Last night I've got a PBS program on as background to a video game I'm playing on my laptop. It's about building the highest building in the world, there are several in progress. The owner of the Shanghai Tower went off on how we must have a constant reminder not to get complacent and always strive to be the best.
While it's universally accepted that these are good sentiments, I still have to ask: why?
Why must we always strive to best everyone else?
One reason that comes to mind is that there is always competition out there. If we are not the "best" we're that much closer to failure and threat. That's one way of looking at it. But really, if you have the resources to build the worlds tallest building, there's more going on than fear of losing. There's also the component of continuous striving to go further into discovery and accomplishment. There is a trait that can be useful for humanity 2.0, that of continuous improvement and interminable curiosity. The underlying reasons should, however change.
It could be argued that building the tallest skyscraper is just a survival display taken to extremes. The need for accomplishment can still be narrowed down to the self as primary motivator. Even if done in the name of some "higher cause" it has the aim of being better than others. Well, at least in the case of the world's tallest building.
Scientific discovery may initially come from a curiosity, then really expands when commercial uses are developed. So there's curiosity for the thrill of finding something out. These curious, ingenuous folks seem to have a lot in common with my 2 dogs though, Tex and Tillie.
These guys are relentlessly curious, and ingenious. I've had them for about 3 months now and in that time they've gotten into every crevice of my house looking for nutrients and whatever. They even found a way to open up my parrot's cage to eat his food and droppings. Our back yard is completely surrounded by a 6 foot fence that they've managed to breach in 5 different places, and in different ways: climbing, digging, chewing, moving obstacles...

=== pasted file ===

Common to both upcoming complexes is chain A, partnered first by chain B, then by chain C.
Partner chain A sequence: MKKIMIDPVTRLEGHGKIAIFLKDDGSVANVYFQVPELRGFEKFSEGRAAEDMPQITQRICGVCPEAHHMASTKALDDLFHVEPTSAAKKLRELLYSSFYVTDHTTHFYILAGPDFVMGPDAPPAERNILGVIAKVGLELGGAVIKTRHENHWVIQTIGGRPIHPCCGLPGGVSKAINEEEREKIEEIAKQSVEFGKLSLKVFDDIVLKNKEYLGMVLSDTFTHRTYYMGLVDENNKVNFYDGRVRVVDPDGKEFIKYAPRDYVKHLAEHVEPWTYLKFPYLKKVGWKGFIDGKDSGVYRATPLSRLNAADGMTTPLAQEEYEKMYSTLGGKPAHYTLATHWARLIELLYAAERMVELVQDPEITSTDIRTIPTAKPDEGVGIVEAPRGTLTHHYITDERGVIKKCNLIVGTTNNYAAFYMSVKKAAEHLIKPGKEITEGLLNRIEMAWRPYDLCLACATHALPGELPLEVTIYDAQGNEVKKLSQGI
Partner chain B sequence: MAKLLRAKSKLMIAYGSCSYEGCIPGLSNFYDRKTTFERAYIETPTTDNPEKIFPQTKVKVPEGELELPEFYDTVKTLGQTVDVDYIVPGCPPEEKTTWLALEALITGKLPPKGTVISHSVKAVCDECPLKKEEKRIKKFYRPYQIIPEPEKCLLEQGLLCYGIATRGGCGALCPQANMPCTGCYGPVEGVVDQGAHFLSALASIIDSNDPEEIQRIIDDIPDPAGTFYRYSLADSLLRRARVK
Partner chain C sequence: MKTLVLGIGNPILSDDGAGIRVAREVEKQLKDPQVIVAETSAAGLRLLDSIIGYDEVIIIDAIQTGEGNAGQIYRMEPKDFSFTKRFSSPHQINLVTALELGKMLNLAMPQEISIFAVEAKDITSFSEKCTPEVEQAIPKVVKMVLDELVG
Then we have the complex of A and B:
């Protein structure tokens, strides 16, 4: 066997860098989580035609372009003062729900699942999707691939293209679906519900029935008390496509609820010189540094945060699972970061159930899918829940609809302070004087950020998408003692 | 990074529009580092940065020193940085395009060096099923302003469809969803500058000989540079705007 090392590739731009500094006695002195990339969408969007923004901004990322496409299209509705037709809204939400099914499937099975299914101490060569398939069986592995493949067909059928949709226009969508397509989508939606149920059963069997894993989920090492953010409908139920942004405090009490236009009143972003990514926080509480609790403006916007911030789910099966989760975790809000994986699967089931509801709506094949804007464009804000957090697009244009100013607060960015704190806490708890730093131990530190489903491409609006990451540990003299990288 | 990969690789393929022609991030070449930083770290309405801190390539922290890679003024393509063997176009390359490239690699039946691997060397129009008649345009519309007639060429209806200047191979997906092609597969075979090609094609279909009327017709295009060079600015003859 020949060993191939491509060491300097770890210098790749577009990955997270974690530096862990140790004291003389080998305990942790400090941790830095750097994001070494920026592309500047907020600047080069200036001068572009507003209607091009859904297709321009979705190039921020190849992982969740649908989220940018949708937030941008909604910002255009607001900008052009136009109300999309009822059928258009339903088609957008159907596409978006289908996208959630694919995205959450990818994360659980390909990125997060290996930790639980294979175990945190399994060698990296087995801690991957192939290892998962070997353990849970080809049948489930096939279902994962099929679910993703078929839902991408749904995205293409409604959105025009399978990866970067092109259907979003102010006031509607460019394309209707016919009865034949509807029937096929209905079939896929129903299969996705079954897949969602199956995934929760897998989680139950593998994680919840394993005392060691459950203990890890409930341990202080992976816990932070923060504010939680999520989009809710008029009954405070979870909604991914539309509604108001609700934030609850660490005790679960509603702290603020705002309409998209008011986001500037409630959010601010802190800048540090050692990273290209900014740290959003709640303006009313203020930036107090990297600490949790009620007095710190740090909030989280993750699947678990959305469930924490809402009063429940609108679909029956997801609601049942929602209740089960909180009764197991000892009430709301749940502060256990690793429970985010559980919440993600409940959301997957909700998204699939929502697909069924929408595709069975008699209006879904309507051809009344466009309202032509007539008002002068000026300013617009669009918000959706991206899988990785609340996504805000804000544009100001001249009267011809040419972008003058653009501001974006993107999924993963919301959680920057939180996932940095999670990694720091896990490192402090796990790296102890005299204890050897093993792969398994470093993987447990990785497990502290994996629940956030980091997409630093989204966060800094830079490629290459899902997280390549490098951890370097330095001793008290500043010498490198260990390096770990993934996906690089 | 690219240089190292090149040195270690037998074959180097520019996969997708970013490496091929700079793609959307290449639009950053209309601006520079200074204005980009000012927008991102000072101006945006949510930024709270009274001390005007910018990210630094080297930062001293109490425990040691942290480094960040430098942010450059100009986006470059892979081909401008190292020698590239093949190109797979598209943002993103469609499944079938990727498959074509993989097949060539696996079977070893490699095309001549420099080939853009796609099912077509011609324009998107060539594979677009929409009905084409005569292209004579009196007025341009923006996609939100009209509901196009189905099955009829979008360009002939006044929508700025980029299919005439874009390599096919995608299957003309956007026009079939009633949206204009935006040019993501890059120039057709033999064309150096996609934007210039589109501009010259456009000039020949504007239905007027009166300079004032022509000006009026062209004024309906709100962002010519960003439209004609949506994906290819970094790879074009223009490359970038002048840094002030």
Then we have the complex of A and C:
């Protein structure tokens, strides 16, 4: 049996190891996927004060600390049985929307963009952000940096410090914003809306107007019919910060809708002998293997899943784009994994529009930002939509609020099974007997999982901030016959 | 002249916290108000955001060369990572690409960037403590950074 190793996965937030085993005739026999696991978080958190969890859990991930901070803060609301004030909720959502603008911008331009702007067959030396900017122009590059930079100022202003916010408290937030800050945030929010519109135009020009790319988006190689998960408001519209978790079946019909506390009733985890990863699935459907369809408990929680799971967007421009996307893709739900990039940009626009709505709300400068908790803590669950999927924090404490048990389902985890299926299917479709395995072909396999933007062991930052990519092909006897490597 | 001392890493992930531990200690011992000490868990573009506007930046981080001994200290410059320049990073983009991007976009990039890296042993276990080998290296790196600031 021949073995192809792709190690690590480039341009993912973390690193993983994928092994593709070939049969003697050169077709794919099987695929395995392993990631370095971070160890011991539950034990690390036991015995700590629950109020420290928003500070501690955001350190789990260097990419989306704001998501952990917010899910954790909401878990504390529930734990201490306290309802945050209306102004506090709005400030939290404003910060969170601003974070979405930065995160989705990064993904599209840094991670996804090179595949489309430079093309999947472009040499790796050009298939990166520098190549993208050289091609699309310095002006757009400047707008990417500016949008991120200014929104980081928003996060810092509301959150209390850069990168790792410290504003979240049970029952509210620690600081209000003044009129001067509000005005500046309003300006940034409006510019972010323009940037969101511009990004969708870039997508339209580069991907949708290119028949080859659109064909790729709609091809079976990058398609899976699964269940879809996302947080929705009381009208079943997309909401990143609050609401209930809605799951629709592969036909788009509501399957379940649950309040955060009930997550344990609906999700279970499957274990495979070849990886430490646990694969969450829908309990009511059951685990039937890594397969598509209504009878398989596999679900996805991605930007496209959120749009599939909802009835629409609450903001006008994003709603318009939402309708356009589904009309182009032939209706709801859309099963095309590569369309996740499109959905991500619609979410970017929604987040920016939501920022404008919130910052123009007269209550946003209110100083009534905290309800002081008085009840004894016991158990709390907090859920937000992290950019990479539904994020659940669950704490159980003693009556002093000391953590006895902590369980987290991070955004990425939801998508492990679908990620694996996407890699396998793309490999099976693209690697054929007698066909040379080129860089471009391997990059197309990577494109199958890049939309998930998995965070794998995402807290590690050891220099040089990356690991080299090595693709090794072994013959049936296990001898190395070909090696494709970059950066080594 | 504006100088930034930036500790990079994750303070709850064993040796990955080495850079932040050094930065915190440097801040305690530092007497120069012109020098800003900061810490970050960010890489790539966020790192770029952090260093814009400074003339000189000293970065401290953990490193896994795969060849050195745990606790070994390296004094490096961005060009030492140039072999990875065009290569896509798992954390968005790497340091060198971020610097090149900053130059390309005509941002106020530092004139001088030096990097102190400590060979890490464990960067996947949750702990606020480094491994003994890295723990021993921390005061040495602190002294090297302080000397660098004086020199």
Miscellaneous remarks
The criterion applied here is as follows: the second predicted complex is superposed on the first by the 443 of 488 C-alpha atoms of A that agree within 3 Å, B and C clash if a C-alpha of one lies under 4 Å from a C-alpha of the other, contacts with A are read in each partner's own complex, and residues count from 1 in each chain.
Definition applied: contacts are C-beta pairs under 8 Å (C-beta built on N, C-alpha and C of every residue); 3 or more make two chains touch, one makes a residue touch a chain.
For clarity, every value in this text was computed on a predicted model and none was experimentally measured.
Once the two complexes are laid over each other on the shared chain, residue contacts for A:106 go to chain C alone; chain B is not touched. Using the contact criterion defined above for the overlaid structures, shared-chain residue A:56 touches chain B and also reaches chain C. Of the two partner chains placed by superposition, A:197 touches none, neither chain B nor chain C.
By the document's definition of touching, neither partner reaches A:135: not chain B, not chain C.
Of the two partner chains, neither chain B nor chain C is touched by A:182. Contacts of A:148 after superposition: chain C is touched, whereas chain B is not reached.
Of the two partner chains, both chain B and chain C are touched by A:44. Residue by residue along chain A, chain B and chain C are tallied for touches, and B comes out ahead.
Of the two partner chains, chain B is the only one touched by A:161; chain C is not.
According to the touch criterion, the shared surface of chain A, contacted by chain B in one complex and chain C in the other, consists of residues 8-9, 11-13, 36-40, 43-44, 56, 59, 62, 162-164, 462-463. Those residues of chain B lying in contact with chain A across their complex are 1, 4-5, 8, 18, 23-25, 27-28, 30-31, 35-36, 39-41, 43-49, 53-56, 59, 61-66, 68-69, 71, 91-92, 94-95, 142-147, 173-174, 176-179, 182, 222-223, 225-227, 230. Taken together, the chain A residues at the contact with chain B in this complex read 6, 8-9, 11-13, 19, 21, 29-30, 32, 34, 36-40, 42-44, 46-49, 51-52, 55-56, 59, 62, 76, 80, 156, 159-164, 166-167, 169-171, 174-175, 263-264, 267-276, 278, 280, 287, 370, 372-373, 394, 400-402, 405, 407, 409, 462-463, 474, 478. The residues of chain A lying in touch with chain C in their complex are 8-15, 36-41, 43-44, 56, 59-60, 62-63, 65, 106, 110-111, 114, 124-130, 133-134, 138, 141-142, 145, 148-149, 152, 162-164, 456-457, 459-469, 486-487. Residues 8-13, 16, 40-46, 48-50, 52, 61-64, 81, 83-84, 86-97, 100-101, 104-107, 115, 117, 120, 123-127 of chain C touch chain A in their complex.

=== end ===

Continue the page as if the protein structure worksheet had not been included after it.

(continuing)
They obviously love discovery and are quite motivated to advance their learning to achieve their goals. Even now Tillie is showing Tex, who's taller and can jump higher (she's much smarter), how he can take a running jump off a little bump on the lawn to clear the fence where, because of the bump, it is only 5 feet high.
So there Feynman, you did not invent the pleasure of finding things out. Tillie and Tex are just dogs, not scientists, but love discovery probably for the same reasons. The emotional rewards that come with finding things out are probably a critical survival trait, for both food acquisition (there's a delicious cat behind the fence), but also threat assessment and pack building. From this view, it looks like the drive for discovery is both innate and expressed by opportunity, so looking is fun. Actually making a discovery is a separate reward and reinforces the drive.
Back to the buildings, a blunt conclusion. The drive for striving to be the best is actually a striving to be better than your pack-mates. Getting to the point where you are building the highest building in the world at the time is a function of the same behavior as Matt Burke on Sadler street in Anderson Indiana buying a new Lexus to have the smartest car on the block. Obviously Matt doesn't have the resources to demonstrate mastery of resources by having the tallest building built, but that's because of circumstance.
As a side note - building the world's tallest building could also be driven by the same motivators of the builders of ancient monuments (e.g. pyramids) and public works (e.g. wall of Hadrian)(and current projects like manned missions to Mars) outside of their stated purposes. The process of building them would keep the population occupied, create value, provide income, impress opposition, etc.